Quote of the Day

Rousseau had it backwards. We are NOT born free. We are born in the chains of the random and the reflexive, and are ignorant and unreasonable by simple nature. We must learn to be free, to organize the random and detect the reflexive, to acquire the knowledge of particulars and the powers of reason. The examined life is impossible if we cannot examine, order, classify, define, distinguish, always in minute particulars.

— Richard Mitchell

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Quote of the Day

[N]o one’s ever been able to show me any difference between democracy and brute force. It’s just a majority ganging up on a minority with the minority giving in to avoid getting massacred.

— L. Neil Smith

Quote of the Day

Did I say “republic?” By God, yes, I said “republic!”. Long live the glorious republic of the United States of America.

Damn democracy. It is a fraudulent term used, often by ignorant persons but no less often by intellectual fakers, to describe an infamous mixture of socialism, graft, confiscation of property and denial of personal rights to individuals whose virtuous principles make them offensive.

— Westbrook Pegler

Quote of the Day

Politics is the gentle art of getting votes from the poor and campaign funds from the rich, by promising to protect each from the other.

— Oscar Ameringer

Quote of the Day

If one understands that Socialism is not a “share the wealth” program but is in reality a method to consolidate and control the wealth, then the seeming paradox of super rich men promoting Socialism becomes no paradox at all. Instead it becomes logical, even the perfect tool of power-seeking megalomaniacs. Communism, or more accurately Socialism, is not a movement of the down-trodden masses but of the economic elite.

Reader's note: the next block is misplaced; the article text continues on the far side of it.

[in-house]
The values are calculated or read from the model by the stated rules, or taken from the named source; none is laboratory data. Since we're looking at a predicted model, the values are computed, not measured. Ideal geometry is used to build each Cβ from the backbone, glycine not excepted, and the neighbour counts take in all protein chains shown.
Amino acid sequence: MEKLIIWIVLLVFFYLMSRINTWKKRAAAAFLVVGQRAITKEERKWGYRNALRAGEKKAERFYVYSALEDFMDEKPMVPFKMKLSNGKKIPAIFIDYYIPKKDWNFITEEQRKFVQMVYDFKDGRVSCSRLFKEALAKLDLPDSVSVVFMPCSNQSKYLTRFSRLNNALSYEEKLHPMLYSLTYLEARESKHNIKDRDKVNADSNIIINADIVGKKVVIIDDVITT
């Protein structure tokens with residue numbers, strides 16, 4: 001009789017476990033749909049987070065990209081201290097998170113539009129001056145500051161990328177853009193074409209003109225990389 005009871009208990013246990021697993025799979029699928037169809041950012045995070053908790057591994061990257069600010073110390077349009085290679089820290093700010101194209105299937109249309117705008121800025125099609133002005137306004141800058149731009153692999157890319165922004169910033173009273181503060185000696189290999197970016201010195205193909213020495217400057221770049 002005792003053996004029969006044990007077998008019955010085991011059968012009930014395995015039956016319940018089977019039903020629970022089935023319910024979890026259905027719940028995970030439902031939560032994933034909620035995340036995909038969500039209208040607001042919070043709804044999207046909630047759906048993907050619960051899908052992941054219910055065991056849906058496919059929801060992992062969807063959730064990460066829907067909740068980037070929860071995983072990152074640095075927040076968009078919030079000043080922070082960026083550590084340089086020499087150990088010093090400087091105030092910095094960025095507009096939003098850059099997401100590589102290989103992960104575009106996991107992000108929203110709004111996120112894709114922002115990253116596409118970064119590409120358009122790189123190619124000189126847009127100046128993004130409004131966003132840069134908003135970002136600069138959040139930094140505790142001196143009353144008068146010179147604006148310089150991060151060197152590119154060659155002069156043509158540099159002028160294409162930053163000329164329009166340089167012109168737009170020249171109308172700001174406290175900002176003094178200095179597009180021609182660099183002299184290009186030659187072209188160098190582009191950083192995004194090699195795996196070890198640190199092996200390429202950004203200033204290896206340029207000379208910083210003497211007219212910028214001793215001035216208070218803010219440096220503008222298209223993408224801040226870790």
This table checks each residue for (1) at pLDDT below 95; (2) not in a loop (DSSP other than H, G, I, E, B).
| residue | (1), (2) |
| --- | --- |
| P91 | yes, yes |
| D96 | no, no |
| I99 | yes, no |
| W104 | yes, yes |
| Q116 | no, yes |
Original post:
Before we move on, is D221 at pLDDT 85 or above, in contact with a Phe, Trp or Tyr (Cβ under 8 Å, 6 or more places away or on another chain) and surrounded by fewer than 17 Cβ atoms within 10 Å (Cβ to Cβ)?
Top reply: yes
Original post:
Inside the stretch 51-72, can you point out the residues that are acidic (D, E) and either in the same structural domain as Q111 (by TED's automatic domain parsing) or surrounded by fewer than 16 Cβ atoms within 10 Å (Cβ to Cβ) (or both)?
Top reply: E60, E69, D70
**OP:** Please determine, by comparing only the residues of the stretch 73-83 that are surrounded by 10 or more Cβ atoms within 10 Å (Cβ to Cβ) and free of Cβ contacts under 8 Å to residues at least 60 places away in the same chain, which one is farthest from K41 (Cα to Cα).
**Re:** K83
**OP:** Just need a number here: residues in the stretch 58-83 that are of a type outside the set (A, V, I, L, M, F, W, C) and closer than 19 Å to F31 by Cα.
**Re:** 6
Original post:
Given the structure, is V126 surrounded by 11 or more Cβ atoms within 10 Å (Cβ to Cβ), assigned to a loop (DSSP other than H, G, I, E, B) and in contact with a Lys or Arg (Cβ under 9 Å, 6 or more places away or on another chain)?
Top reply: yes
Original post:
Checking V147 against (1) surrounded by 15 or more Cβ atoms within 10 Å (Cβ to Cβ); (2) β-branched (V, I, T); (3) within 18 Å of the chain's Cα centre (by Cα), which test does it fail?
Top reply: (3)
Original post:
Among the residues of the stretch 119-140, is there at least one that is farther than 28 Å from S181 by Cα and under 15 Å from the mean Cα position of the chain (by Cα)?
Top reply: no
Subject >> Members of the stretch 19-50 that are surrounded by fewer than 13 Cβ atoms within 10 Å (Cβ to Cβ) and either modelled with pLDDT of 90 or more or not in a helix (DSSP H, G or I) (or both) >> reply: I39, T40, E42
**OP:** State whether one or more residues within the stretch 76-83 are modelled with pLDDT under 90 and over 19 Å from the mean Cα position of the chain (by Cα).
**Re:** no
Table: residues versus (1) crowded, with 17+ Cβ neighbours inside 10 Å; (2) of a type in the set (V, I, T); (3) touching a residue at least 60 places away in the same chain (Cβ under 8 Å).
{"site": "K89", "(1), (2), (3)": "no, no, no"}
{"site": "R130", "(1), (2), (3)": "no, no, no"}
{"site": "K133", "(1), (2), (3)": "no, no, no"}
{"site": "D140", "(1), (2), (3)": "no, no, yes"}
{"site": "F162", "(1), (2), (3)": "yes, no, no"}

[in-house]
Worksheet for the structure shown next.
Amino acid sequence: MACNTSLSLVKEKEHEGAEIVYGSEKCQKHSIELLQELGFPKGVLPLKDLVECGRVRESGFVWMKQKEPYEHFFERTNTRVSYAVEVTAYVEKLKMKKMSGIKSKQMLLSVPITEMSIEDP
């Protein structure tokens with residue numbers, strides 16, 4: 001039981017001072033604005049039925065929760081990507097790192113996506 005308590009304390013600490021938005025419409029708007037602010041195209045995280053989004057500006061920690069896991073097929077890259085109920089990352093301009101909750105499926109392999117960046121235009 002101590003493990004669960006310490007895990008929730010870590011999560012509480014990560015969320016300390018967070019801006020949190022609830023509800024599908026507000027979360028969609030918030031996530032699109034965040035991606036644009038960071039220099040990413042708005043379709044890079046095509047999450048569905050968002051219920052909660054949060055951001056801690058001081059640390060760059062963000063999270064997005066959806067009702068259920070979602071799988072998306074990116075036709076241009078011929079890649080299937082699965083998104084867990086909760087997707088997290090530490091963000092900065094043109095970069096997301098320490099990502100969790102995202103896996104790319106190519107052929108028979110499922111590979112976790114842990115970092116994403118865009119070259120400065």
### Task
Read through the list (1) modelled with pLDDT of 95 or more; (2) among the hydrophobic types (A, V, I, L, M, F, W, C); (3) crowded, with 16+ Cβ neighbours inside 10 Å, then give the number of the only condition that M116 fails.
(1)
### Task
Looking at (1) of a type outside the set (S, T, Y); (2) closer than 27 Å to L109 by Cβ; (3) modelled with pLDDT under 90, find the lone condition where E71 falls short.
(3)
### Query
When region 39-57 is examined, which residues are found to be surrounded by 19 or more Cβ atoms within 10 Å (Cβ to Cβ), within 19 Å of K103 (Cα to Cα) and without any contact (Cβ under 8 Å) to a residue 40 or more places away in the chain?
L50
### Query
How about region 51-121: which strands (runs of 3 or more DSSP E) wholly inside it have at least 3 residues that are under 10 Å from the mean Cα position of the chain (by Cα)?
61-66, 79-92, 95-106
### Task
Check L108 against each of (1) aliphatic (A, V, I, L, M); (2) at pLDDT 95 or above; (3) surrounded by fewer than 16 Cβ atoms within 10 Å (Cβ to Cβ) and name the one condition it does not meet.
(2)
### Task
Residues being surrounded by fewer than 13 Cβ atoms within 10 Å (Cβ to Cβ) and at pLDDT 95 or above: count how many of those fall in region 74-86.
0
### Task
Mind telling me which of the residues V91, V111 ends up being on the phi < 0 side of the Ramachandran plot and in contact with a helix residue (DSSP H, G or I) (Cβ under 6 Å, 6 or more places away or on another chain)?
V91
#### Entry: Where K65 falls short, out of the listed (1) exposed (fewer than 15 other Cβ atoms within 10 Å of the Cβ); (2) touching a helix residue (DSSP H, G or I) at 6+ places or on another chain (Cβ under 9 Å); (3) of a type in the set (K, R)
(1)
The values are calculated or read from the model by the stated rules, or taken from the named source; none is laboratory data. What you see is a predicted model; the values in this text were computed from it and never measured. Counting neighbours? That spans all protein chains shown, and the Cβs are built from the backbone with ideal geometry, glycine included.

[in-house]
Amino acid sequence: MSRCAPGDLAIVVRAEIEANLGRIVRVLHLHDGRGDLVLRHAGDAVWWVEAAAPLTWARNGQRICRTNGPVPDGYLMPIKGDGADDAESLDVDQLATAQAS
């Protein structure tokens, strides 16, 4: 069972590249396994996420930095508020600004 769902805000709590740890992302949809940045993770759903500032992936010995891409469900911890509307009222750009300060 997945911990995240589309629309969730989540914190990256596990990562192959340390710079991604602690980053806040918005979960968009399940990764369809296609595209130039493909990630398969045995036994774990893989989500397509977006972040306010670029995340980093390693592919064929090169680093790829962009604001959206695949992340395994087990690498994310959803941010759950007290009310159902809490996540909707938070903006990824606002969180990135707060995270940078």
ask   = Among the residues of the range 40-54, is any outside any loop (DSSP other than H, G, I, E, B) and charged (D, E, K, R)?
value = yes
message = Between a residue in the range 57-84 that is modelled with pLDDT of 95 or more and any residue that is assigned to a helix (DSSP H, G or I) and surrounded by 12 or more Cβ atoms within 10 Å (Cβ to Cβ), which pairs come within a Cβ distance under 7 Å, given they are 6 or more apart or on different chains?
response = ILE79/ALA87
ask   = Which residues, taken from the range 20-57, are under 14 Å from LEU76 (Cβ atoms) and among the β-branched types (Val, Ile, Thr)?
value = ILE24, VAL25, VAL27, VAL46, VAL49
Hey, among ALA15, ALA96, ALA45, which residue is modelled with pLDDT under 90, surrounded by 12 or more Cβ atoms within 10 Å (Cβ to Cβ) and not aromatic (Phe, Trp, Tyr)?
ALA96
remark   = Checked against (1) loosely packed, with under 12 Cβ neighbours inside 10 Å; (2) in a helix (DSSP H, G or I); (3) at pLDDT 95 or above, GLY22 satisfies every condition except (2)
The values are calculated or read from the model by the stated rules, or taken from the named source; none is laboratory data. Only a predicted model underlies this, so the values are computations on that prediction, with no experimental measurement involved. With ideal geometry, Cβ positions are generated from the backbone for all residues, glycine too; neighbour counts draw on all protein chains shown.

— Gary Allen

Quote of the Day

As the organized Left gained cultural power, it turned into a monster that found perpetual victimhood, combined with thought and speech control, the most efficient way to hold on to that power. Suddenly it was the Left, the protector of liberty, that was setting rules about what could and could not be said or even thought.

— Tammy Bruce

Quote of the Day

Do not seek to find hope among your leaders. They are the repositories of poison. Their interest in you extends only so far as their ability to control you. For you, they seek duty and obedience, and they will ply you with the language of stirring faith. They seek followers, and woe to those who question, or voice challenge. Civilization after civilization, it is the same. The world falls to tyranny with a whisper. The frightened are ever keen to bow to a perceived necessity, in the belief that necessity forces conformity, and conformity a certain stability. In a world shaped into conformity, dissidents stand out, are easily branded and dealt with. There is no multitude of perspectives, no dialogue. The victim assumes the face of the tyrant, self-righteous and intransigent, and wars breed like vermin. And people die.

— Steven Erikson

Quote of the Day

The champions of socialism call themselves progressives, but they recommend a system which is characterized by rigid observance of routine and by a resistance to every kind of improvement. They call themselves liberals, but they are intent upon abolishing liberty. They call themselves democrats, but they yearn for dictatorship. They call themselves revolutionaries, but they want to make the government omnipotent. They promise the blessings of the Garden of Eden, but they plan to transform the world into a gigantic post office. Every man but one a subordinate clerk in a bureau. What an alluring utopia! What a noble cause to fight!

— Ludwig von Mises

Quote of the Day

All governments are more or less combinations against the people…and as rulers have no more virtue than the ruled…the power of government can only be kept within its constituted bounds by the display of a power equal to itself, the collected sentiment of the people.

— Benjamin Franklin Bache

Quote of the Day

What are the moral convictions most fondly held by barbarous and semi-barbarous people?

They are the convictions that authority is the soundest basis of belief; that merit attaches to readiness to believe; that the doubting disposition is a bad one,and skepticism is a sin.

— Thomas Henry Huxley